- June 26, 2012 at 11:26 am #3436
One of my colleagues swears that HTML is a programming language; which got me thinking, what is the difference between a programming, scripting and markup language?
- June 27, 2012 at 1:54 pm #14250
To start off, the answer to the initial question is that the colleague is incorrect. HTML is not a programming language. Actually, the full name is hyper text markup language, which is a clue in itself. HTML is, therefore, a markup language. Markup languages are just basic code which forms the essential structure of most every website around. At its core, such a type of language is a set of tags which are used to ‘mark up’ or set apart documents and pages so that certain areas of text can be labeled and logically arranged. This is what allows web pages to be viewed either as plain text or through a browser. The browser simply parses the document by looking for the markup tags and then arranges everything according to those tags and commands.
Programming languages, on the other hand, are used to write programs (yeah, that was an easy one to figure out!) which run for a little while and are able to perform either a single or multiple functions. There are quite a few programming languages around. Some of the more popular ones include Visual Basic, C and C++. One of the main features of this type of language is the fact that the code must be compiled before it is run. By the same token, once it is compiled, then the program may be run any number of times.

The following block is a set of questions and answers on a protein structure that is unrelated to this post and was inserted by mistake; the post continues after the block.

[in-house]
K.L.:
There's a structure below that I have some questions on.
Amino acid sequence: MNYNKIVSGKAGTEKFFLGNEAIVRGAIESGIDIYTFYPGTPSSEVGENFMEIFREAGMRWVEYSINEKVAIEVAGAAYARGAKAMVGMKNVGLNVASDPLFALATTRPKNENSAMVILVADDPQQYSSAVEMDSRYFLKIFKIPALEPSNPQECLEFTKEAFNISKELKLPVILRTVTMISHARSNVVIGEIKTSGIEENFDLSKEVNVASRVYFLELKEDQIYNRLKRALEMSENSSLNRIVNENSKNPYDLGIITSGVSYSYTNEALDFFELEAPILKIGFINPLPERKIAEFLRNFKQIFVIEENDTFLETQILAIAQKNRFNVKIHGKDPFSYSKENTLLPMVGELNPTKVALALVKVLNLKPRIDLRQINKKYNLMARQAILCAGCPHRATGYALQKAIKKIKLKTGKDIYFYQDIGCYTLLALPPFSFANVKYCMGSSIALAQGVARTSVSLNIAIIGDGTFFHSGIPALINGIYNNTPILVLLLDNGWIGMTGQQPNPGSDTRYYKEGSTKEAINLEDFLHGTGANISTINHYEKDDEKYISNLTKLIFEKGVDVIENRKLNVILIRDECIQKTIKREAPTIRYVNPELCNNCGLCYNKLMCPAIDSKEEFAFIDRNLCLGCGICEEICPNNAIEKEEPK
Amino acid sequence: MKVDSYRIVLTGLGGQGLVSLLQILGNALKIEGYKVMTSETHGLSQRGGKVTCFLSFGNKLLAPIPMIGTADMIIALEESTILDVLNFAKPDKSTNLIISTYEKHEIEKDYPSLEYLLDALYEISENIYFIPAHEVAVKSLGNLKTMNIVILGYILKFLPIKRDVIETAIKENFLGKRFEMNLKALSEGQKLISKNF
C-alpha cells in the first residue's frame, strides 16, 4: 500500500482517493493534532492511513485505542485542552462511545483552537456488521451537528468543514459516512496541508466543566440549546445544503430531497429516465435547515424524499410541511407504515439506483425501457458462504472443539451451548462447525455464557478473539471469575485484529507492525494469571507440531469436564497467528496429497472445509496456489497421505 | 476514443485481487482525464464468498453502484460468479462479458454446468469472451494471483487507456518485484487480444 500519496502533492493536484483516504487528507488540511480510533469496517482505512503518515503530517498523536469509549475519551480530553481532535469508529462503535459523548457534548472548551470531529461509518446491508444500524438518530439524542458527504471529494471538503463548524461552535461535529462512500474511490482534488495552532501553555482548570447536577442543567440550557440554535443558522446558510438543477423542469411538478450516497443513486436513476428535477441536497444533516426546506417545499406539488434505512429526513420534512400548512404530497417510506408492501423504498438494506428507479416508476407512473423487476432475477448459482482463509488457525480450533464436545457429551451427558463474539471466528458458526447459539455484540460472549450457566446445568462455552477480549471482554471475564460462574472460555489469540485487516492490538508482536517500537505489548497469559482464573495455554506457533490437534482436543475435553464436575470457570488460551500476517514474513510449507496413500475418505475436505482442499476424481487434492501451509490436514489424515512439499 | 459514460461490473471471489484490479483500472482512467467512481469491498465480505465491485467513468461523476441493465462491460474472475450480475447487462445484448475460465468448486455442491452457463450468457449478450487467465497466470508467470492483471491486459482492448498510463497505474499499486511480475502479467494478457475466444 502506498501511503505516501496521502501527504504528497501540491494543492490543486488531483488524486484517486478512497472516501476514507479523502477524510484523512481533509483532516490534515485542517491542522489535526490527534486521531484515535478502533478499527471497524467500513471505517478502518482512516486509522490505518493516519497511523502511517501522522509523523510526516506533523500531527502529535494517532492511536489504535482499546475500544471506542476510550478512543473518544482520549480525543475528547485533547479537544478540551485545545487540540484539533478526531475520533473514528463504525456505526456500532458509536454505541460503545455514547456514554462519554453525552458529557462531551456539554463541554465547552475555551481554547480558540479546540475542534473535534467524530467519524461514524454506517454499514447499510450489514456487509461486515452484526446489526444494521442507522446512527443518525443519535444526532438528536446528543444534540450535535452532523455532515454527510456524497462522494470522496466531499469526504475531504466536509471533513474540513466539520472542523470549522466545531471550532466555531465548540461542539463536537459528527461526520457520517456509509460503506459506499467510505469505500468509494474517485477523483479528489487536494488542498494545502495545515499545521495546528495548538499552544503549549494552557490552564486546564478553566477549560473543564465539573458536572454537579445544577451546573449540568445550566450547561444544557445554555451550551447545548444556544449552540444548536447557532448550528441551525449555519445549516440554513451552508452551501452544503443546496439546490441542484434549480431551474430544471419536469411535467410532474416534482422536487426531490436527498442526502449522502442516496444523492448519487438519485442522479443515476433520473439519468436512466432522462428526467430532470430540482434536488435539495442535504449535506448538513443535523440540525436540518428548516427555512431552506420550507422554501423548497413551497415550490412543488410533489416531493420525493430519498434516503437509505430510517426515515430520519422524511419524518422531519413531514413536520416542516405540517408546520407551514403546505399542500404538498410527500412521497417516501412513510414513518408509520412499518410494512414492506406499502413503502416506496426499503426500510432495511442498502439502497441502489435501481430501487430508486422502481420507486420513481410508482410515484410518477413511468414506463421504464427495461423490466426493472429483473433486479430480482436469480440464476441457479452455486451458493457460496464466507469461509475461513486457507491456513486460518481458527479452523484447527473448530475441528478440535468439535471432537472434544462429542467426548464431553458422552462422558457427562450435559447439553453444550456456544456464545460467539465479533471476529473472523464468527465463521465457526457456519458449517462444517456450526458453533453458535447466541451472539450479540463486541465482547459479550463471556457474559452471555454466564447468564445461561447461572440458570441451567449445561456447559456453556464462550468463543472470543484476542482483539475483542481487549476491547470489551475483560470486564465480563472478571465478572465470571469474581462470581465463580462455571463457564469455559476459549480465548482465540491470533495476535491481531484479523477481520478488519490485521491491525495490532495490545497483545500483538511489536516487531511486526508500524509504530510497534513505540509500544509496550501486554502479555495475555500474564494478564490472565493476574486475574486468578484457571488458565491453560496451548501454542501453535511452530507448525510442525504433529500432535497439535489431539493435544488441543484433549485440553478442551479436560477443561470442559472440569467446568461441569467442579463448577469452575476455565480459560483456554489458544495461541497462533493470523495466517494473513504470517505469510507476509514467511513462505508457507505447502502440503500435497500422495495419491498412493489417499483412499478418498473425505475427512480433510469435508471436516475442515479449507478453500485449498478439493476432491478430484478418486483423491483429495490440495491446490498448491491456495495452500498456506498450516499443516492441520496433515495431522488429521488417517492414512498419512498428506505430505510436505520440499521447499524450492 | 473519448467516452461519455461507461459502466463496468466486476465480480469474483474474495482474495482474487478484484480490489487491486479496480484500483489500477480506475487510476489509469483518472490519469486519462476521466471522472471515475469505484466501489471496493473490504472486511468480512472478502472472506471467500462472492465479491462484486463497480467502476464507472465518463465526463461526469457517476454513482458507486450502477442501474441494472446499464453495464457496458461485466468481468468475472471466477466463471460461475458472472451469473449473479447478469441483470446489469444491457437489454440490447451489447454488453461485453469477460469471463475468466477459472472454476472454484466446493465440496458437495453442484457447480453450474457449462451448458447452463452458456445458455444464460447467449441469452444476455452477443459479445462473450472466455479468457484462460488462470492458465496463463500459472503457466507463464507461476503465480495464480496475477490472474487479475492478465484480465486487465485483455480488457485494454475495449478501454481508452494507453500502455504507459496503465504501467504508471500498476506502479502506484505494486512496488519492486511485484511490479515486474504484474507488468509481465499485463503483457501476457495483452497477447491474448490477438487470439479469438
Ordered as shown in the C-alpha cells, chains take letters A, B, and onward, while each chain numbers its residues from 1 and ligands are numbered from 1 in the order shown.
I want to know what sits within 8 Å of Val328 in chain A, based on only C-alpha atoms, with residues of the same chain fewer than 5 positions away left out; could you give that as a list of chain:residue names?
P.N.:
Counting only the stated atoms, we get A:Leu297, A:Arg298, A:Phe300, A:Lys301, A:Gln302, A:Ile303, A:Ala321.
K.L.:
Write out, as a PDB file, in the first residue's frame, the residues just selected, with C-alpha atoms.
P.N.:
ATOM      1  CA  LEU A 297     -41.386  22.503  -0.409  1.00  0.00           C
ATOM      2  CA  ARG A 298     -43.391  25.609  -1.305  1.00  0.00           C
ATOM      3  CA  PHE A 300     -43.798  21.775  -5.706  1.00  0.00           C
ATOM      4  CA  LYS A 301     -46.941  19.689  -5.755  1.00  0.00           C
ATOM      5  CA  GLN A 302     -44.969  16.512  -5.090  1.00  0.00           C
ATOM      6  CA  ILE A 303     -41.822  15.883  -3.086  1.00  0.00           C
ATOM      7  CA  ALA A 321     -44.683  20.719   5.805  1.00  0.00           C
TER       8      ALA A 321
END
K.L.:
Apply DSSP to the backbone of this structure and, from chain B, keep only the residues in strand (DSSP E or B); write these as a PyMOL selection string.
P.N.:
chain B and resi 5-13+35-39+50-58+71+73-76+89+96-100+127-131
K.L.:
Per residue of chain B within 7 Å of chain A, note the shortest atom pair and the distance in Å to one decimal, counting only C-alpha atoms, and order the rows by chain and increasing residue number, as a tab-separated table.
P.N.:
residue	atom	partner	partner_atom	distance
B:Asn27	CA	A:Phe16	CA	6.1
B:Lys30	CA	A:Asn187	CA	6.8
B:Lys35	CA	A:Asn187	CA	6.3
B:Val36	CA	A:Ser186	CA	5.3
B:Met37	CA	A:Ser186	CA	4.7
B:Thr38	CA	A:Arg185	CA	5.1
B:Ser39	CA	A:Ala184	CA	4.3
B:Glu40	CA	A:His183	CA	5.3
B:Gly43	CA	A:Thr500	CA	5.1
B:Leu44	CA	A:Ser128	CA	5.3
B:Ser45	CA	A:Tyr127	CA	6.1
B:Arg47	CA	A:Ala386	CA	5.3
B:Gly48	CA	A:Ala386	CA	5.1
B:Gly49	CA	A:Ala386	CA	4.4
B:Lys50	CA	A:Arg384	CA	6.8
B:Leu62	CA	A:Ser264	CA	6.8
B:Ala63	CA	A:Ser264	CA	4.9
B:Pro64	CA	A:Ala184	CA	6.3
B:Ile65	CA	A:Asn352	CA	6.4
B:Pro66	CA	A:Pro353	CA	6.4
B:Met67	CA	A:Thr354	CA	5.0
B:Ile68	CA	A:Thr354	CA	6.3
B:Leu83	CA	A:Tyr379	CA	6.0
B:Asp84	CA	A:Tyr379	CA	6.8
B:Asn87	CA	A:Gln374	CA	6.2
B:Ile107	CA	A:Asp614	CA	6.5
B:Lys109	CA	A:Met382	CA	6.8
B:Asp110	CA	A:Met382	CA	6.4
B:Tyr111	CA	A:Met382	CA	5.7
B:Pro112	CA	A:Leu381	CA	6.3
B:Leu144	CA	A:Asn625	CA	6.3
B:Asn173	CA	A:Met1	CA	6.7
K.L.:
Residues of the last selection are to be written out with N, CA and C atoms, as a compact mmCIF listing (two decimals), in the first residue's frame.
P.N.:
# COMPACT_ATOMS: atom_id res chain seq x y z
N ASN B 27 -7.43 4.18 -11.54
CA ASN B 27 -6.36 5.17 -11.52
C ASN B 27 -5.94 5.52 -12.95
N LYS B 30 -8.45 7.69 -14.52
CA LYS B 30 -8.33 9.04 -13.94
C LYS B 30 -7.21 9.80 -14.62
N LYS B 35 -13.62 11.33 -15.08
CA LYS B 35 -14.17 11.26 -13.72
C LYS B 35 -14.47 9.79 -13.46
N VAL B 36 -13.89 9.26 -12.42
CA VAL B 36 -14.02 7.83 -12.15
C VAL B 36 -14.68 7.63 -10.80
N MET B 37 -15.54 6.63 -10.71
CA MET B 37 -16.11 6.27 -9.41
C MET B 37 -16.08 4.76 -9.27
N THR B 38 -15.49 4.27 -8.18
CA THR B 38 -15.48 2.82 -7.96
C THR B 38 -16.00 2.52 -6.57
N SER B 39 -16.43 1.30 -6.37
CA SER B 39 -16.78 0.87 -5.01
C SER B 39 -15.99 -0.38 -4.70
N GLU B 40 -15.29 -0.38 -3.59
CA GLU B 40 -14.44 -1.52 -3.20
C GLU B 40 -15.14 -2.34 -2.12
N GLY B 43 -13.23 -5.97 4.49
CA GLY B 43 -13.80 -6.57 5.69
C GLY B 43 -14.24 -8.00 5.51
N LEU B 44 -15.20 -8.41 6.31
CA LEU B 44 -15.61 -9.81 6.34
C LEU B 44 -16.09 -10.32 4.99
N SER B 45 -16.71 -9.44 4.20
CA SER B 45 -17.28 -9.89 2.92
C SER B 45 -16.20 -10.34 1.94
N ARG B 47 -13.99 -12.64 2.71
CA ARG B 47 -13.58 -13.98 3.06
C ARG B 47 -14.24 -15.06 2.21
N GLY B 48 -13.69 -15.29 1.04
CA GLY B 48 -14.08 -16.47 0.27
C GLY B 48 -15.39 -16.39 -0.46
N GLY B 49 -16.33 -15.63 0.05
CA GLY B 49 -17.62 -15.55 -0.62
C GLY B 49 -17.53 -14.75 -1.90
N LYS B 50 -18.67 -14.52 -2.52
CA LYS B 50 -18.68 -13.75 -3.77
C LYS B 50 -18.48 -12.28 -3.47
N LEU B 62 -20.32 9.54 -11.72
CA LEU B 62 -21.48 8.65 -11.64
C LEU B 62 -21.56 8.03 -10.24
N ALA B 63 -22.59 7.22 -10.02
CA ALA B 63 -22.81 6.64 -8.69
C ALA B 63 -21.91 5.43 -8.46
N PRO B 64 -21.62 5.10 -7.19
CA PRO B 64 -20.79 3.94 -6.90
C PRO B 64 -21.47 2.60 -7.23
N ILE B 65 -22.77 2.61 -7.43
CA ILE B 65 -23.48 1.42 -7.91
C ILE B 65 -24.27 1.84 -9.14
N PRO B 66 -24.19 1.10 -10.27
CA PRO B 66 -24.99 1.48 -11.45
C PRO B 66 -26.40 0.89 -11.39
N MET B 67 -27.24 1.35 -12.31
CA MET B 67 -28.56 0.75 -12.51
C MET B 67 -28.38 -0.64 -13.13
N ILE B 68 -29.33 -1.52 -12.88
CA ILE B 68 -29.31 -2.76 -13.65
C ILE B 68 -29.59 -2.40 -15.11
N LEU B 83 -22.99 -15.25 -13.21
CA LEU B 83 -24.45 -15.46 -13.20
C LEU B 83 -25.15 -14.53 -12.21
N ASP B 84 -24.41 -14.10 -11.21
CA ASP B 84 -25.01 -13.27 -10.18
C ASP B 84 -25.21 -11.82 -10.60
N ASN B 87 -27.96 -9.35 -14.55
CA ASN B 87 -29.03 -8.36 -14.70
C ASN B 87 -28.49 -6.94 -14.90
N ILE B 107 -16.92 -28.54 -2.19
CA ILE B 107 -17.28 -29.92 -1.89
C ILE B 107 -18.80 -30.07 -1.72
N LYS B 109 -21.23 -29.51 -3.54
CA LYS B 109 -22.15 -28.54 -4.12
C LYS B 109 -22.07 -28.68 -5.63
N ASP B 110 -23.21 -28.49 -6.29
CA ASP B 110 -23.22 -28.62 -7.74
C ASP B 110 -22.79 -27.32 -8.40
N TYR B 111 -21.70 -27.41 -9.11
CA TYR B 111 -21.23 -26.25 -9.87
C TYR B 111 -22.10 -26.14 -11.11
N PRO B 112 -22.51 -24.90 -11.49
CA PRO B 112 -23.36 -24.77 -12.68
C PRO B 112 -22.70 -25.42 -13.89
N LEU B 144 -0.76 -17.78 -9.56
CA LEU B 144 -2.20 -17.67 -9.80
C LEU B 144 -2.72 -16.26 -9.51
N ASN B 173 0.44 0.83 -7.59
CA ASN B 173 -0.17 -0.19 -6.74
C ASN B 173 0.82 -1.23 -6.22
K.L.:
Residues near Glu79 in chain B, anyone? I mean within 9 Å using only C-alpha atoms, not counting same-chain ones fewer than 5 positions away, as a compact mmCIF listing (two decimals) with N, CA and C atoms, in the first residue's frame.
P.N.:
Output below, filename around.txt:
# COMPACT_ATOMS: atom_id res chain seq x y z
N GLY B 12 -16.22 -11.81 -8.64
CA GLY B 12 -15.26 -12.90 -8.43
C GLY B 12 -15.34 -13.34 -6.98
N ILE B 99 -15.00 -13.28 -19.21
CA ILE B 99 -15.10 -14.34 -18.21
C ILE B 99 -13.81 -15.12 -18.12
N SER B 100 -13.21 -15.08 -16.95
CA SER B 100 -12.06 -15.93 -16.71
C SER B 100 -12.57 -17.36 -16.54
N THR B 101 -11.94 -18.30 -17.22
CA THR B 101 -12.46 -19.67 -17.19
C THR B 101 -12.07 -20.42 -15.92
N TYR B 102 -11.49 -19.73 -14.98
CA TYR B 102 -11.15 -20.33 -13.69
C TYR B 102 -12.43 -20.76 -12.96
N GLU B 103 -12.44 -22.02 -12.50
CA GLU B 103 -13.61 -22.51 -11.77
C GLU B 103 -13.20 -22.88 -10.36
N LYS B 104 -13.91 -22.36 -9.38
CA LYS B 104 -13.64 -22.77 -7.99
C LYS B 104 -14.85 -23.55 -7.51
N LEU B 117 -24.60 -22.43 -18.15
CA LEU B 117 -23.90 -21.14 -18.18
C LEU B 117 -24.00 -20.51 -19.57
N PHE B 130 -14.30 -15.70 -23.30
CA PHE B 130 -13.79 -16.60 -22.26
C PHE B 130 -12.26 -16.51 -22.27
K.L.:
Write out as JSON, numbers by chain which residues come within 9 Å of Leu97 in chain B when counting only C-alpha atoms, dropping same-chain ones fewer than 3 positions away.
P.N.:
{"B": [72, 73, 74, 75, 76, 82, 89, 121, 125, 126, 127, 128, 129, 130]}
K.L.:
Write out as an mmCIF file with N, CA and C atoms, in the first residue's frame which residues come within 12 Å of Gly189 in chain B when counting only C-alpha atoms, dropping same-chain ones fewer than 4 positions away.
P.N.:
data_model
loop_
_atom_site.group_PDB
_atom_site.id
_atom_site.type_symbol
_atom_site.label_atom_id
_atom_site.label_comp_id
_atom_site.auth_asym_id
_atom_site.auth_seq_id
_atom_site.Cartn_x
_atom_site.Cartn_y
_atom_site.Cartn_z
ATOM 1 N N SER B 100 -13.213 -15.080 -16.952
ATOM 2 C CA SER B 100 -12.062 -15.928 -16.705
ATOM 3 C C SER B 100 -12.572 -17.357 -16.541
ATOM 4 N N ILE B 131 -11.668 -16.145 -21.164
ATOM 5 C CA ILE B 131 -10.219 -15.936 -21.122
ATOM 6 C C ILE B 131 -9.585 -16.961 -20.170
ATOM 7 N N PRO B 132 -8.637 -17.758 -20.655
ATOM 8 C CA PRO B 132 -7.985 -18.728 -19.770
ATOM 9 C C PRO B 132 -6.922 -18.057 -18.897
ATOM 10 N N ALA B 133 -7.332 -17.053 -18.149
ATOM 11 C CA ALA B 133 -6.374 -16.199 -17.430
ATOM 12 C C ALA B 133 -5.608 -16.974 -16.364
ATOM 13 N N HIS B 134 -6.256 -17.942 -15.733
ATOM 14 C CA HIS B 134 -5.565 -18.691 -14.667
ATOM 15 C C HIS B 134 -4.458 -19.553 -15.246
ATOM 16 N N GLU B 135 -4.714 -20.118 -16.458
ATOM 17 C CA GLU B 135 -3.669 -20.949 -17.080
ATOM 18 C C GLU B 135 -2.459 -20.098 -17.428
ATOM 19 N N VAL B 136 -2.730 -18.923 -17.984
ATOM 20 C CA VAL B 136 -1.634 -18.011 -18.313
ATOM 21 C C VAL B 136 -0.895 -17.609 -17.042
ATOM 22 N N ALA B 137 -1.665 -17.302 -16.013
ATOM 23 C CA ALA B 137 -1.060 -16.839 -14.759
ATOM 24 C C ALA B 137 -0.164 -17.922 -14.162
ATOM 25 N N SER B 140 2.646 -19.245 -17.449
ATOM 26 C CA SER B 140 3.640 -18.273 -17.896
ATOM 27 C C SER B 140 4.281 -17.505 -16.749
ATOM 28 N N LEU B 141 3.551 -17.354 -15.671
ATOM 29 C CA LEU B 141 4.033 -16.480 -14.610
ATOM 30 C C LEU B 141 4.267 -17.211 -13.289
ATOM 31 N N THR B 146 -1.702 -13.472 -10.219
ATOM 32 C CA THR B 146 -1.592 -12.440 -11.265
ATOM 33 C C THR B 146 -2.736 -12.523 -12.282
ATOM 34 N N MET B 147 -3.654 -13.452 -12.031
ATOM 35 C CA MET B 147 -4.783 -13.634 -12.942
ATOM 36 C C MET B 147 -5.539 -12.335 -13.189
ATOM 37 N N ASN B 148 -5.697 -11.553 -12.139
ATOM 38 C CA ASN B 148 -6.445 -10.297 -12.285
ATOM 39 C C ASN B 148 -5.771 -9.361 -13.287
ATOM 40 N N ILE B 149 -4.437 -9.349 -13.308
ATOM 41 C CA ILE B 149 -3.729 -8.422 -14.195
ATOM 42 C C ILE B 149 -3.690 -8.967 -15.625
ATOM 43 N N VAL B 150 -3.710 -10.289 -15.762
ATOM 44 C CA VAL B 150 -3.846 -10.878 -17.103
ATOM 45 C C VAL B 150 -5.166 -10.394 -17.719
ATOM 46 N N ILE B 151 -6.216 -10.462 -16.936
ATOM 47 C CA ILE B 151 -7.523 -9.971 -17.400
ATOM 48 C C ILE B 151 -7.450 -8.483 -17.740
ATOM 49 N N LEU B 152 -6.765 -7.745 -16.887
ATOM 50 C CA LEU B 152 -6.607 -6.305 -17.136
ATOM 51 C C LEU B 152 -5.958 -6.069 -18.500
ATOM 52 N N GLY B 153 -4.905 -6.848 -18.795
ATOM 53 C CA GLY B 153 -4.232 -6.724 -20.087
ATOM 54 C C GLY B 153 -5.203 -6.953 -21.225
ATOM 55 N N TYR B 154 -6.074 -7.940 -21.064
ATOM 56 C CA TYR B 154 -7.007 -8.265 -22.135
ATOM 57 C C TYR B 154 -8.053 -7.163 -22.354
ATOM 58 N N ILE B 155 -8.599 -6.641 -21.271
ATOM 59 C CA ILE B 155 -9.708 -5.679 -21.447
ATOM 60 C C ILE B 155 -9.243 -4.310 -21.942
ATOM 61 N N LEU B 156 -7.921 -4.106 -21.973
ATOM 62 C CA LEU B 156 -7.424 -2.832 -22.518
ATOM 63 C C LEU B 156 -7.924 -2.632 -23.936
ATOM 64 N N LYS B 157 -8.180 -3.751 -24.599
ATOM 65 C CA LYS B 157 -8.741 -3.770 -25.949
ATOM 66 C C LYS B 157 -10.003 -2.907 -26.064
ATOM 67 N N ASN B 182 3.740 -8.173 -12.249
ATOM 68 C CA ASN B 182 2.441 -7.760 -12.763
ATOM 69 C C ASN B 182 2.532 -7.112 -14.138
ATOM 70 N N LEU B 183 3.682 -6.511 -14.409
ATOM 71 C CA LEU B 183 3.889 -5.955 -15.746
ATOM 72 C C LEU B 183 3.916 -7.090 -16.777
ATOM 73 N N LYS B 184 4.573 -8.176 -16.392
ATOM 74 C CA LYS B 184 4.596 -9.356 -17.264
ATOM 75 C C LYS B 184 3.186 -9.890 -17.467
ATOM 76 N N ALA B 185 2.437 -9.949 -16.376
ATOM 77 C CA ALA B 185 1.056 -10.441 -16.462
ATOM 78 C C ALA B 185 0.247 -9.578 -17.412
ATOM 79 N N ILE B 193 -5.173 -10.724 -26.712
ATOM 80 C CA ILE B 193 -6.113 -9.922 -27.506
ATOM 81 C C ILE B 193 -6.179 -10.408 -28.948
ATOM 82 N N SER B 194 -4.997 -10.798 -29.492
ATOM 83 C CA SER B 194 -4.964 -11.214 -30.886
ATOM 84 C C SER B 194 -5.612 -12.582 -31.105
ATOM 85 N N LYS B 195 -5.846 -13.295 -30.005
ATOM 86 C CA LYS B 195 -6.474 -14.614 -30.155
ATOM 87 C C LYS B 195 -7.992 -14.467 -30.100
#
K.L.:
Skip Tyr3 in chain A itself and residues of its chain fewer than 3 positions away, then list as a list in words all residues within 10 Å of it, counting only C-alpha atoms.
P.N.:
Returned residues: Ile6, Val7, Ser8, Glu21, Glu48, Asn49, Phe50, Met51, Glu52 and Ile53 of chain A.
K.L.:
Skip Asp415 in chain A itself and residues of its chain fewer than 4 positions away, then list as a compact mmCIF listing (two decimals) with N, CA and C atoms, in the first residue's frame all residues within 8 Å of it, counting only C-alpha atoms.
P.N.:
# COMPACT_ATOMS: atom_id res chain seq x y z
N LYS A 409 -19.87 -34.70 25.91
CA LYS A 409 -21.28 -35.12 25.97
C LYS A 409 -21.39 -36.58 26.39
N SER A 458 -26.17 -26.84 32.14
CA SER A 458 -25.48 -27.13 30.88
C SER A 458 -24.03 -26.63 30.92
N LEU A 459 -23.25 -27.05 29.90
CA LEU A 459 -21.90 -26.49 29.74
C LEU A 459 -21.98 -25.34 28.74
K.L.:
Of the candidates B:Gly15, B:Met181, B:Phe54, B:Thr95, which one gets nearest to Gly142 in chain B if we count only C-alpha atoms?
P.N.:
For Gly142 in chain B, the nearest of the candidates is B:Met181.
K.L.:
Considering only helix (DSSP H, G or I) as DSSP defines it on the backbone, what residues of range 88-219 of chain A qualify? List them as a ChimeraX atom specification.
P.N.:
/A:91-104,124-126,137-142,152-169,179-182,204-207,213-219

Scripting languages are used to control functions which run only for a short while and perform only a single function at a time. When a scripting language is used it is ordinarily interpreted at the time it is run. This leads to the fact that each time this function is to be performed a separate program or tool needs to read the code, interpret this code and then follow those instructions in order for this function to execute.
When using compiled code, such as in a programming language, functions will usually execute more quickly. This is because the code has already been converted into (and interpreted) machine language. This skips a step that is required by a script. It is also important to understand and accept that not all programming languages are compiled the same way. For example, C and C++ and Visual Basic are more or less truly compiled programming languages. On the other hand, Java is a bit more technical and may or may not be considered compiled depending on your definition.
Another way to think about these differences may be where they are situated. For example, scripting languages must be embedded. On the other hand, programming languages are capable of being used on a stand alone basis. Also, every programming language will have its own compiler.
Hope this helps clear up the confusion.
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